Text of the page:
Jorge Posada’s Place Among Aging Catchers

Not many catchers make it to their late 30s. The wear and tear that results from squatting behind the plate for an hour or more per game often chases catchers from the game before age 37. In fact, only nine players in baseball history have caught more than 100 games in their age-37 season. Among them, Jorge Posada stands out. He has the highest BA, OBP, and SLG for age-37 catchers, marks he attained last year. But does this bode well for his age-38 season?

At the Bloomberg Sports blog, Tommy Rancel runs down third-tier fantasy catchers. After the top tier, Joe Mauer, and the second, Brian McCann and Victor Martinez, Rancel lists Miguel Montero, Matt Wieters, and Chris Iannetta. Completely absent from the article is Posada. His advanced age and recent injury history certainly plays into that. Even so, among catchers with at least 430 PA in 2009 Jorge led the way in ISO, and ranked second, to Mauer, in wOBA. So why leave him off the list?

History provides us with the beginnings of an answer. While nine players caught more than 100 games at age 37, only five did so at age 38* — and only three have done it since 1940. Only one, Benito Santiago in 2003, slugged over .400. Fred Jacklitsch holds the highest OBP in the group, .376, but he did it in 1914. Among the post-1940 players, Santiago’s .329 OBP leads the way. The catchers that did make it to age 38, it appears, were known more for their defensive skills than offensive prowess.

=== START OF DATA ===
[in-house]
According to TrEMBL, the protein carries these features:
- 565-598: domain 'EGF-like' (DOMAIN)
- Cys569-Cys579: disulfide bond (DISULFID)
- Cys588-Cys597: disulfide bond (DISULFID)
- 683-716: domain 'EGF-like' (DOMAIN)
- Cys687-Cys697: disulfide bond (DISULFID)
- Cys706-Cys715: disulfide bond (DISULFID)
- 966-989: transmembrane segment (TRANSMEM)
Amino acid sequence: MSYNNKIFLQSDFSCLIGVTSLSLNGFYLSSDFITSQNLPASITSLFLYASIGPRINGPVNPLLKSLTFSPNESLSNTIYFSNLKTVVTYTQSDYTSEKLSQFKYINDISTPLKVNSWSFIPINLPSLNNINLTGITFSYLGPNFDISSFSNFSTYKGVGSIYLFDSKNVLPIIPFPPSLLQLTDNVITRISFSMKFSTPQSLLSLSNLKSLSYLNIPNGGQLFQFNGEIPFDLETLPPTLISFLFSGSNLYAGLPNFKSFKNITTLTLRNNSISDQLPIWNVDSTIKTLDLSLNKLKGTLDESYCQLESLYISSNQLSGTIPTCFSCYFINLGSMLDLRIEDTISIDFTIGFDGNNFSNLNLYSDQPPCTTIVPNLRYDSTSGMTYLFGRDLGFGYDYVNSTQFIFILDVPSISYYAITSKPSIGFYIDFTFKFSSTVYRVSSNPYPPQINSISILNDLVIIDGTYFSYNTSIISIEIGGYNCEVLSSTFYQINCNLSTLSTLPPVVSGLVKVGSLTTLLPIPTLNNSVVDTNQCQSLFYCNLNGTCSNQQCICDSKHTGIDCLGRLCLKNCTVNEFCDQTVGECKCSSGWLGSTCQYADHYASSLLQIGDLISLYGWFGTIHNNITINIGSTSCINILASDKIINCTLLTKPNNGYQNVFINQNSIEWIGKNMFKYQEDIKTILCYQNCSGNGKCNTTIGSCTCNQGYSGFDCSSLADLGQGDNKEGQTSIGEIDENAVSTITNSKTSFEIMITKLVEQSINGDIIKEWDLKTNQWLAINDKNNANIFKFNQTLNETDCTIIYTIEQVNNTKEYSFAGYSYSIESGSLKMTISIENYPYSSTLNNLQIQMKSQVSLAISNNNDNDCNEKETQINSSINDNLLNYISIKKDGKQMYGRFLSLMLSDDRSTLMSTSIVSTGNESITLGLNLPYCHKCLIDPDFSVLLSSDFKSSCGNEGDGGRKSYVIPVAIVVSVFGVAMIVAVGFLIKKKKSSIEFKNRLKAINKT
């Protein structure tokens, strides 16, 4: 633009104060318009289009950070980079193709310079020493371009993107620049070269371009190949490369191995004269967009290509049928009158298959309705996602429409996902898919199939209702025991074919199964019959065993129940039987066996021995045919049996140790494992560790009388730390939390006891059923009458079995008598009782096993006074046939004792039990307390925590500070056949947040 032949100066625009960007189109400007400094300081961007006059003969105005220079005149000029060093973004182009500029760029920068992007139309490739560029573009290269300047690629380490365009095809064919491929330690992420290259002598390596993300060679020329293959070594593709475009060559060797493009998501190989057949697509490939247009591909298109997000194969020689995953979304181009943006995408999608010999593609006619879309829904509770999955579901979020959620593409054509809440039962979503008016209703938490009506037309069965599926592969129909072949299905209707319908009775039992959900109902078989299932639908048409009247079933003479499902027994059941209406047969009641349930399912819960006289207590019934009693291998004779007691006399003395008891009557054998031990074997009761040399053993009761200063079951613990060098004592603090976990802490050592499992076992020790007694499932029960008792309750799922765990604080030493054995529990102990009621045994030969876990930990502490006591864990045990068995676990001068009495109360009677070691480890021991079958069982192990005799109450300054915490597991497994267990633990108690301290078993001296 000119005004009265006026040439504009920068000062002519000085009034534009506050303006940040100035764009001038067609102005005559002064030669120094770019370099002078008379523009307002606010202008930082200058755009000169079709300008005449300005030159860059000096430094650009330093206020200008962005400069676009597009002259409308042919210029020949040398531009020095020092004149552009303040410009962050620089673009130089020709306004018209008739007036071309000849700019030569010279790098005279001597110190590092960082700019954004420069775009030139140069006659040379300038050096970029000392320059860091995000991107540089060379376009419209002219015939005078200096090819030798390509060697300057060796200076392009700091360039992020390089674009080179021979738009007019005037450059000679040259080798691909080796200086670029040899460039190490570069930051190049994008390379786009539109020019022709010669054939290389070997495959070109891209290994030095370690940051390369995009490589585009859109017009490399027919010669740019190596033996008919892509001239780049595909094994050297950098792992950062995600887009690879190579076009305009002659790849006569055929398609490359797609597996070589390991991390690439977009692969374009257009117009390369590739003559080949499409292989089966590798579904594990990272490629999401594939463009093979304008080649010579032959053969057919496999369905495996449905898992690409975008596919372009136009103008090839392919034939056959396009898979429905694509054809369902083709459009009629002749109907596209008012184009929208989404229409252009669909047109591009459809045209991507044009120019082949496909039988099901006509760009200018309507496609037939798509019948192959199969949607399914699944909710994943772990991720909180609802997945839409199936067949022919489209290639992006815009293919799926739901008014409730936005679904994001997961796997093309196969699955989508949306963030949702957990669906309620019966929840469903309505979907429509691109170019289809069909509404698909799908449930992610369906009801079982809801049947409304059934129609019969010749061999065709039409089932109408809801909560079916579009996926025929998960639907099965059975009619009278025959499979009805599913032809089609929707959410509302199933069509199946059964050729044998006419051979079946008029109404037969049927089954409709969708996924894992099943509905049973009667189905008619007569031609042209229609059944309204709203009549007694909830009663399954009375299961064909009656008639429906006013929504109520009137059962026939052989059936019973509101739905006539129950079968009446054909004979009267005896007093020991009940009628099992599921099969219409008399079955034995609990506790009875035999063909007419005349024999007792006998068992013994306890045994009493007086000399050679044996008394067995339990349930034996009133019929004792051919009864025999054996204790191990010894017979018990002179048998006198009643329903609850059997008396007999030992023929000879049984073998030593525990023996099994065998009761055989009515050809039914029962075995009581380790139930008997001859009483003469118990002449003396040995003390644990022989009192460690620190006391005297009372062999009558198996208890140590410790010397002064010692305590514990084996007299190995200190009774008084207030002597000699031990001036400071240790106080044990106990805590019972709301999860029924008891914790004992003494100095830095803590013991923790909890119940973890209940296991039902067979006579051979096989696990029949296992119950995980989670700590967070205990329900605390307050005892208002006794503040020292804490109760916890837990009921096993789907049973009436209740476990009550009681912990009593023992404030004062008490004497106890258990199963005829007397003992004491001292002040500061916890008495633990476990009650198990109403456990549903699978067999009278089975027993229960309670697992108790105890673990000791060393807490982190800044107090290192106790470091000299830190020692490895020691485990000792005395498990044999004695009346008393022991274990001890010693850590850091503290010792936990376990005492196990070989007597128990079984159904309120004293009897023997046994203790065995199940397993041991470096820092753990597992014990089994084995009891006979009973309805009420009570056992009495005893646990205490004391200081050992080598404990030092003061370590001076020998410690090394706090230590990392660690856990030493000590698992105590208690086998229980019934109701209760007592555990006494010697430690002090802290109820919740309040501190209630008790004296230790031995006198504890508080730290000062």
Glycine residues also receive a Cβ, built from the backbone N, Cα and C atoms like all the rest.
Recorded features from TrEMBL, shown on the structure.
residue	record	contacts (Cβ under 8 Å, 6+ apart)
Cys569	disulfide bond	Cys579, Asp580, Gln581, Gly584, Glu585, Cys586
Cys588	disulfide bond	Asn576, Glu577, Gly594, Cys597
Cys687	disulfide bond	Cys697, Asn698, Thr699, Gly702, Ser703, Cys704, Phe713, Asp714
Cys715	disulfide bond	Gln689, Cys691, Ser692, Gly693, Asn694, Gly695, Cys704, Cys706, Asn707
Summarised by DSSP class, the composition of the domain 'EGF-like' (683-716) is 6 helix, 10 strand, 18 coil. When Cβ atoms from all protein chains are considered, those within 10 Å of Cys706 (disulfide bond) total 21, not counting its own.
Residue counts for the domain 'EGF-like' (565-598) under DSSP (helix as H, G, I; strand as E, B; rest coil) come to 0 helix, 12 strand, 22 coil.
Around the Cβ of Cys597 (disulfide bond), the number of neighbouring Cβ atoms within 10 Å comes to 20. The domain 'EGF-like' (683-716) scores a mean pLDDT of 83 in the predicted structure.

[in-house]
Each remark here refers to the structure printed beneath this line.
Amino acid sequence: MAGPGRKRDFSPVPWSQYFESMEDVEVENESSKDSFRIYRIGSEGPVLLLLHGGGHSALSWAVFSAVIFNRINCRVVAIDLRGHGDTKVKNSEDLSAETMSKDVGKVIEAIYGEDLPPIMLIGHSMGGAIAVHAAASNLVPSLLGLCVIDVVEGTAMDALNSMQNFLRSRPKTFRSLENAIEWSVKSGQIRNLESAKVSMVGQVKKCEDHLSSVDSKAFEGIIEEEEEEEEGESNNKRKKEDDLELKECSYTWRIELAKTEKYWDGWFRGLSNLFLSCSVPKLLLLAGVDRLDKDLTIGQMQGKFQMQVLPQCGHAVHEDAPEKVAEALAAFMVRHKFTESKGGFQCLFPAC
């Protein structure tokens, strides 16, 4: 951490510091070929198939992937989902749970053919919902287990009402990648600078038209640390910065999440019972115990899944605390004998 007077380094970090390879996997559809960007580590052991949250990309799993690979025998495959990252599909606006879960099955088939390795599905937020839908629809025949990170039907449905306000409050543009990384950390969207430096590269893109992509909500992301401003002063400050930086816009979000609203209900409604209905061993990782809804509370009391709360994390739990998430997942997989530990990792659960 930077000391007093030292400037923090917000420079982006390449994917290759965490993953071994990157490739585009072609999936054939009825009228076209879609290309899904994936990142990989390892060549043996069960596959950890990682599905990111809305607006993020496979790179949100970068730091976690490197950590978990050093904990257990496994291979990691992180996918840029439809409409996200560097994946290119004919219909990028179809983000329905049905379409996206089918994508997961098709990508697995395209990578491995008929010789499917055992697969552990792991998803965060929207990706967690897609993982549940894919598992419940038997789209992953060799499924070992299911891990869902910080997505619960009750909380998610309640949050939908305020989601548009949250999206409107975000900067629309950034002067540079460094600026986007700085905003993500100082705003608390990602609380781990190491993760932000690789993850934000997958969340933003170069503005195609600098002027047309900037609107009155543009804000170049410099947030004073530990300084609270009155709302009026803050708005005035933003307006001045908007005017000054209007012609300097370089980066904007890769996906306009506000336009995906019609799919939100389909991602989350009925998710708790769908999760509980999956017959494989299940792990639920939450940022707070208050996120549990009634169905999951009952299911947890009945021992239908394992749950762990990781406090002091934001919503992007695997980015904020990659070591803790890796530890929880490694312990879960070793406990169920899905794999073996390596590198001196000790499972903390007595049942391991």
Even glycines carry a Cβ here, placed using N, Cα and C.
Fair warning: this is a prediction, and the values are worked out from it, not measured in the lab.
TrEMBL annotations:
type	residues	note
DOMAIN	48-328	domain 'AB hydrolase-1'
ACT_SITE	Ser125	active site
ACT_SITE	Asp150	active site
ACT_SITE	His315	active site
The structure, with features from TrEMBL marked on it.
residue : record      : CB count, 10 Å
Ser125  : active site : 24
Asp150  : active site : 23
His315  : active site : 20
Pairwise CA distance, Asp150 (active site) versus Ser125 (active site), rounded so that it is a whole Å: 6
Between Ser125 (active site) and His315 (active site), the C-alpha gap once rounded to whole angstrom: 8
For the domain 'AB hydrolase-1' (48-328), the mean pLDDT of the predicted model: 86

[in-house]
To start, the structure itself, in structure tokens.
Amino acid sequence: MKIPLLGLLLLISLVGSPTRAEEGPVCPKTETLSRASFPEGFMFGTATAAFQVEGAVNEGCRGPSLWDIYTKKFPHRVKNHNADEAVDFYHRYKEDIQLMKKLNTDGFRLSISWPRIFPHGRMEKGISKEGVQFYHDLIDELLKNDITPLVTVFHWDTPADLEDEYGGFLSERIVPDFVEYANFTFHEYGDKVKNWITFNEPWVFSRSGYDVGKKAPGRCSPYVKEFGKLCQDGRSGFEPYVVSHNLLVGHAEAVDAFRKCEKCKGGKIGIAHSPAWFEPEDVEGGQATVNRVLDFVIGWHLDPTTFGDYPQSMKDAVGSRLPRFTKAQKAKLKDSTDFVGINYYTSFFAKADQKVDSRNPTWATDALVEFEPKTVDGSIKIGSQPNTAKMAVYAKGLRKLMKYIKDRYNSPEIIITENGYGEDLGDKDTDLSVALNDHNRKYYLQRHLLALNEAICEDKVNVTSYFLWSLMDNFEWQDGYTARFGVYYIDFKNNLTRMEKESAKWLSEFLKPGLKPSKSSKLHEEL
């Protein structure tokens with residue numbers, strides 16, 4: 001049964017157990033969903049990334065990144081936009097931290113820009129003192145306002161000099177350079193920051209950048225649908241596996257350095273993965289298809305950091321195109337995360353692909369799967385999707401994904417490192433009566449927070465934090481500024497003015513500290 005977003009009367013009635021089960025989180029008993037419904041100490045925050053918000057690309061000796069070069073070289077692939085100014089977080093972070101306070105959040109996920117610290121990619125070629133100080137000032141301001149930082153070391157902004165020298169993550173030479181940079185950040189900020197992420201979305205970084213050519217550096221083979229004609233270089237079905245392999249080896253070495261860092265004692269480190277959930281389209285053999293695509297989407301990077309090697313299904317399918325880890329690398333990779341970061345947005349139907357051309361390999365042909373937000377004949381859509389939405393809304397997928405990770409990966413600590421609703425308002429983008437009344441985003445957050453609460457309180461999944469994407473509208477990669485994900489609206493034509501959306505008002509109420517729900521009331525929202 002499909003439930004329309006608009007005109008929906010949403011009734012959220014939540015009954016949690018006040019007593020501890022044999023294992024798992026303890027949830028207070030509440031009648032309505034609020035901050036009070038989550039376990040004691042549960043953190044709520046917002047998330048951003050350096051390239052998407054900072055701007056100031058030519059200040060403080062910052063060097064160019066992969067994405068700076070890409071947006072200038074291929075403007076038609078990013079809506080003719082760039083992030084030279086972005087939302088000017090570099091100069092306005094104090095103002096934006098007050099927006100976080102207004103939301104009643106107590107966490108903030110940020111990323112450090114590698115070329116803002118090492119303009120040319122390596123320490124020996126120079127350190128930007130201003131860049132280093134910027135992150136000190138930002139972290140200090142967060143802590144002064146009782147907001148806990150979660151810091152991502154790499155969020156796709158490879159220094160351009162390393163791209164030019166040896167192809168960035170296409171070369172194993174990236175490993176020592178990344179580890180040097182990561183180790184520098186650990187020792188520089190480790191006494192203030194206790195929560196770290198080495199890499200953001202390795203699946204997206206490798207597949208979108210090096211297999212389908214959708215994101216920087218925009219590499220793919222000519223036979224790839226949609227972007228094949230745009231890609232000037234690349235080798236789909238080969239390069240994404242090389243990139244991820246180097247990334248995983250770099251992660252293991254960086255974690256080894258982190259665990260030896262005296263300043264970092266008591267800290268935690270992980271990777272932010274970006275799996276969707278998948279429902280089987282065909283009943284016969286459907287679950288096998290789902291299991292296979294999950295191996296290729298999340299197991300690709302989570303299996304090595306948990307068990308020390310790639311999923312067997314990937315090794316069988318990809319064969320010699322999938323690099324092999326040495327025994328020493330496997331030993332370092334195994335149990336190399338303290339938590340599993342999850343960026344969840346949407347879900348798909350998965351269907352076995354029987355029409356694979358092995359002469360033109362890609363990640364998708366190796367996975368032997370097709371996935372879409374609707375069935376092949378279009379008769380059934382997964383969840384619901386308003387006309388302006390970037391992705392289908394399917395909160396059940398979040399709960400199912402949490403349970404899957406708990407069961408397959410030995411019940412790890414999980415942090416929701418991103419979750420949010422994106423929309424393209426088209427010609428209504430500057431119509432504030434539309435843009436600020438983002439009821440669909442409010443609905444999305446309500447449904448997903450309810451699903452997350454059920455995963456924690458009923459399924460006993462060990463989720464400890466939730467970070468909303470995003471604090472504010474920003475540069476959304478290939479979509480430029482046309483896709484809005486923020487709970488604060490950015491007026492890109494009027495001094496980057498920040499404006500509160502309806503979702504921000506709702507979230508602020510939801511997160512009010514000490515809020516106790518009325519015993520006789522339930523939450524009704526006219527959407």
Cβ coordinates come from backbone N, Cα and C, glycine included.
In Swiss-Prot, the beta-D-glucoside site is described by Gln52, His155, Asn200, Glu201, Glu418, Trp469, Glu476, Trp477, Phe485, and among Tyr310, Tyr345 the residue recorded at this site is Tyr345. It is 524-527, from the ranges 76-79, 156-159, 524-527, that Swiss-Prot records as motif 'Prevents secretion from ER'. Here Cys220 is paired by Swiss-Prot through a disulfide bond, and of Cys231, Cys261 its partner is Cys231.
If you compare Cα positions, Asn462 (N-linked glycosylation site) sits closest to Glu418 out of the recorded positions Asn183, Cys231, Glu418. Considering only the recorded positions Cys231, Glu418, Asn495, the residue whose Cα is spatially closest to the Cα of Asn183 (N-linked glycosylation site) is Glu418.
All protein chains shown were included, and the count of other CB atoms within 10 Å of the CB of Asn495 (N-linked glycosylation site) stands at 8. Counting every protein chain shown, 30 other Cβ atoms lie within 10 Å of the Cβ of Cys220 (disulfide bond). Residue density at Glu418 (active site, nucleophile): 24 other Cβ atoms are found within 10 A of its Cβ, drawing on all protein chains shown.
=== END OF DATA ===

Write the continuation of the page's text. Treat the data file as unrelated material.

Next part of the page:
* To be fair, two other age-37 catchers also played that season in 2009, Jason Varitek and Ivan Rodriguez.

On the age-37 list, the only other catcher to post an OPS of .800 or above was Carlton Fisk, who posted a .348 wOBA in 1985. In 1986 he played in 125 games, but started only 65 behind the plate. But even if he had caught 100 games in 1986, his numbers would rank him as the worst among his peers. His OPS sat at a lowly .600 that season, resulting in a -1.5 WAR. Age 38 does not appear to be a catcher-friendly one.

Even if Posada’s skills don’t decline as dramatically as his historical counterparts, his recent injuries do present a cause for concern. After avoiding the DL for the first 11 seasons of his career, Posada succumbed to shoulder issues in 2008, missing 109 days. While his shoulder did hold up in 2009, he did miss 24 days because of a hamstring injury. That’s 133 days over the past two seasons missed to injury. With another year taking its toll on his body, we shouldn’t be surprised at all if Jorge gets hurt in 2010.

How far will Posada decline? Because he ranked so far ahead of his peers at age 37, because of his recent injury history, and because he was one of the top offensive catchers in 2009, it’s difficult to say. Maybe he’ll be like Benito Santiago, who saw only a small drop-off in performance from age 37 to 38. Or maybe he’ll be like Fisk, who completely fell off — but who also came back and posted a few more excellent partial seasons before retiring. That will be part of the joy in watching Posada’s 2010 season. He’s in rare territory, not only in terms of his age as a catcher, but his performance at that age. Can he do it for one more season?

We hoped you liked reading Jorge Posada’s Place Among Aging Catchers by Joe Pawlikowski!

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Joe also writes about the Yankees at River Ave. Blues.

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Posada could play for another 10 years.

He just needs that Pat Borders Cybernetic Reconstruction surgery.


Pat Borders should be the All-Joy Team’s backup catcher.